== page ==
Snare picture  

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Train wreck at Montparnasse (October 22, 1895) by Studio Lévy and Sons.
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Train wreck at Montparnasse (October 22, 1895) by Studio Lévy and Sons.

A snare-picture is a type of assemblage or object art invented by Daniel Spoerri. In this type of works, Spoerri captures a group of objects, such as the remains of meals eaten by individuals, including the plates, silverware and glasses, all of which are fixed to the table or board, which is then displayed on a wall.

In 1960, Spoerri made his first “snare-picture”. Spoerri later explained snare-pictures as follows: “objects found in chance positions, in order or disorder (on tables, in boxes, drawers, etc.) are fixed (‘snared’) as they are. Only the plane is changed: since the result is called a picture, what was horizontal becomes vertical. Example: remains of a meal are fixed to the table at which the meal was consumed and the table hung on the wall.” One-snare picture, made in 1964, consists of the remains of a meal eaten by Marcel Duchamp. This work holds the auction price record for Spoerri, selling for €136,312 ($200,580) in January 2008, distantly followed by another snare-picture from 1972, which sold for €44,181 ($69,860) in April 2008.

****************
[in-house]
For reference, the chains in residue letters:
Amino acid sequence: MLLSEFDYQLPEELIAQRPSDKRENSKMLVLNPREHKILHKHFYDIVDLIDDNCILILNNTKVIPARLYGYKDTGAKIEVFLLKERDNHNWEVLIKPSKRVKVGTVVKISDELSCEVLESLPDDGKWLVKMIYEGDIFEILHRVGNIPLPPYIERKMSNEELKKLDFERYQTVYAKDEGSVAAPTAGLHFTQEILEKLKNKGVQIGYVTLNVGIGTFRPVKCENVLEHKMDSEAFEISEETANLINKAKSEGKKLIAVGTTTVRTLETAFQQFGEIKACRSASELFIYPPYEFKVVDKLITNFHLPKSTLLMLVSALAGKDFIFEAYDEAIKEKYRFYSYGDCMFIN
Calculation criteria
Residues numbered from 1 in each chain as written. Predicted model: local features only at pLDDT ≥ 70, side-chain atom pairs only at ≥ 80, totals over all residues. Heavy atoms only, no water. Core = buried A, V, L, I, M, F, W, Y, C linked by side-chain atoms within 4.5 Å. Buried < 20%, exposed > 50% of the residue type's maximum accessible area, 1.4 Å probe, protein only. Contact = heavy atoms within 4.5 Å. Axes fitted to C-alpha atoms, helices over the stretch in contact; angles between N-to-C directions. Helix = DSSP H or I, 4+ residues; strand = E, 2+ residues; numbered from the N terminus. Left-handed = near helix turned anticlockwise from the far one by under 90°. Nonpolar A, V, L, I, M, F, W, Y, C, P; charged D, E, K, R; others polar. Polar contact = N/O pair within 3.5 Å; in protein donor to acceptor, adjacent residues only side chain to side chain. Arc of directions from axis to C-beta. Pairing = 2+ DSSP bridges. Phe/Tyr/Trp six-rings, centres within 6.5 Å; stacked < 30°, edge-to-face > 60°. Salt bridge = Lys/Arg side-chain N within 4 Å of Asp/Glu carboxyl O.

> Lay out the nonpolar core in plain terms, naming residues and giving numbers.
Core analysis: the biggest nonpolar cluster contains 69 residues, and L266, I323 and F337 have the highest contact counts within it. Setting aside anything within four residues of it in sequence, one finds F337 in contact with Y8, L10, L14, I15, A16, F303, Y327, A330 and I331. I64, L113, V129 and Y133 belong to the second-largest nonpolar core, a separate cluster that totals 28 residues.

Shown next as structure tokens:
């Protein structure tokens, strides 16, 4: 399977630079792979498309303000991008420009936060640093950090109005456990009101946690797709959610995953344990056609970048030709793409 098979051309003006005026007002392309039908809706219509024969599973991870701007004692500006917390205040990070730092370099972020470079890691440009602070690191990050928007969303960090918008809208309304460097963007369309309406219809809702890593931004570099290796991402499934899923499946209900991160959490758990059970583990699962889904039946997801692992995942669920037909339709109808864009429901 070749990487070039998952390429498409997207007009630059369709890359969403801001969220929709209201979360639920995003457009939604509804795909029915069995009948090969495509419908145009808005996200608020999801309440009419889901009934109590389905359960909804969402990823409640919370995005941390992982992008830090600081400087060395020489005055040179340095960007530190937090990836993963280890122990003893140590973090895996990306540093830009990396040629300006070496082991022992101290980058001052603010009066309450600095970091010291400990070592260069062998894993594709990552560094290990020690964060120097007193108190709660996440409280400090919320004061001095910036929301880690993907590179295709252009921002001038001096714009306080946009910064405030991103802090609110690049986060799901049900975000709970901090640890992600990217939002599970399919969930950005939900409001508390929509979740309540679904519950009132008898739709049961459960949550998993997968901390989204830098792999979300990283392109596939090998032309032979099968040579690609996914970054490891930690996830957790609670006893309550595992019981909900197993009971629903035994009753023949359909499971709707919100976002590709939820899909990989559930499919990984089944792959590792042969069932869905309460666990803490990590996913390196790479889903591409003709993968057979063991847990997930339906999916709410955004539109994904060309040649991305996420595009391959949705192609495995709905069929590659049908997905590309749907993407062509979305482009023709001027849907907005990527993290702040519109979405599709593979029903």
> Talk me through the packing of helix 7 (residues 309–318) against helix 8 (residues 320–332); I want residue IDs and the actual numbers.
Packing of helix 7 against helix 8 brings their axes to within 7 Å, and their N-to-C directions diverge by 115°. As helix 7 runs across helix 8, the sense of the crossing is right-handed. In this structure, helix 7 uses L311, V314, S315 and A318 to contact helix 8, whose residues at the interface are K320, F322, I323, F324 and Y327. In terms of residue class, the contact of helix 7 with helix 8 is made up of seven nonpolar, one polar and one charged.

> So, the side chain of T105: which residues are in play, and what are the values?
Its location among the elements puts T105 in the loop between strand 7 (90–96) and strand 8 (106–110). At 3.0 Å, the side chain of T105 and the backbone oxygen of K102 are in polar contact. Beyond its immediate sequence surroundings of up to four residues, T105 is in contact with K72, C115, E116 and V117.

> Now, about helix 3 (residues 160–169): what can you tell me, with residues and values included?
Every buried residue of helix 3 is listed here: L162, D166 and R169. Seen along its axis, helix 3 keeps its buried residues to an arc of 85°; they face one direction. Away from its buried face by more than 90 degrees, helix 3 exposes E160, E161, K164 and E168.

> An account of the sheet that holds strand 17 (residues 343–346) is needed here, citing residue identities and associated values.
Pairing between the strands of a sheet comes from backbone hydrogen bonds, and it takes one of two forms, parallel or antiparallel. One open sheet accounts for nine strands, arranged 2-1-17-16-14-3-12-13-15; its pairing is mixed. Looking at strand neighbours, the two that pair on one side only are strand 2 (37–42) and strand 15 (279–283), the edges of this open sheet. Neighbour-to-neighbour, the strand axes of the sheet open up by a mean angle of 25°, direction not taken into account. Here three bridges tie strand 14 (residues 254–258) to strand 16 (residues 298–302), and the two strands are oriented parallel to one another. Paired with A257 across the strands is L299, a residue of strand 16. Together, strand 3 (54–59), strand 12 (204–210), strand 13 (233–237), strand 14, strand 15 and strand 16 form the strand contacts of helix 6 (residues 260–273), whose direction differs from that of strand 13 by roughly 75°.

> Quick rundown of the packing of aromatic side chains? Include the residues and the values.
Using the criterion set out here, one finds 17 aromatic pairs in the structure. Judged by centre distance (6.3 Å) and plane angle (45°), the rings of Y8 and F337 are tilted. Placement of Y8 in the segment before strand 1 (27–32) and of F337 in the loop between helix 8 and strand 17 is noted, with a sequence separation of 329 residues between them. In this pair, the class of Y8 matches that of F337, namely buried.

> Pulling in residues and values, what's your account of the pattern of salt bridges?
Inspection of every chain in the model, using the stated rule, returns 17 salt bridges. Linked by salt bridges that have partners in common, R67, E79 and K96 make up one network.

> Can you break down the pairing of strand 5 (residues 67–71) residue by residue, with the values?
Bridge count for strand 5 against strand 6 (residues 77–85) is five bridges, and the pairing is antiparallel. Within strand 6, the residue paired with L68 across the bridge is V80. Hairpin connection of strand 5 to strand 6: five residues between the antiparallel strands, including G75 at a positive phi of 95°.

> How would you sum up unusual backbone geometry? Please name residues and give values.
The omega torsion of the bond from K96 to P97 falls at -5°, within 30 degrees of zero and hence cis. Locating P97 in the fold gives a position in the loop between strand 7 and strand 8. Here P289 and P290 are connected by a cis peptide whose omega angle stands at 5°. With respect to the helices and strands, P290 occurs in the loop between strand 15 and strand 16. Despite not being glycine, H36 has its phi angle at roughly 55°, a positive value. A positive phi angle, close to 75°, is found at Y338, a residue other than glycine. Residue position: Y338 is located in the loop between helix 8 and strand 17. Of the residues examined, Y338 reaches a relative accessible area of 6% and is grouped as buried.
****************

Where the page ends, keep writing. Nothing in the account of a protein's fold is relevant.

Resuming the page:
An Anecdoted Topography of Chance is a literary analog to his snare-pictures, in which he mapped every object located on his table at a particular moment in time, describing each with his personal recollections evoked by the object.



Unless indicated otherwise, the text in this article is either based on Wikipedia article "Snare picture" or another language Wikipedia page thereof used under the terms of the GNU Free Documentation License; or on original research by Jahsonic and friends. See Art and Popular Culture's copyright notice.

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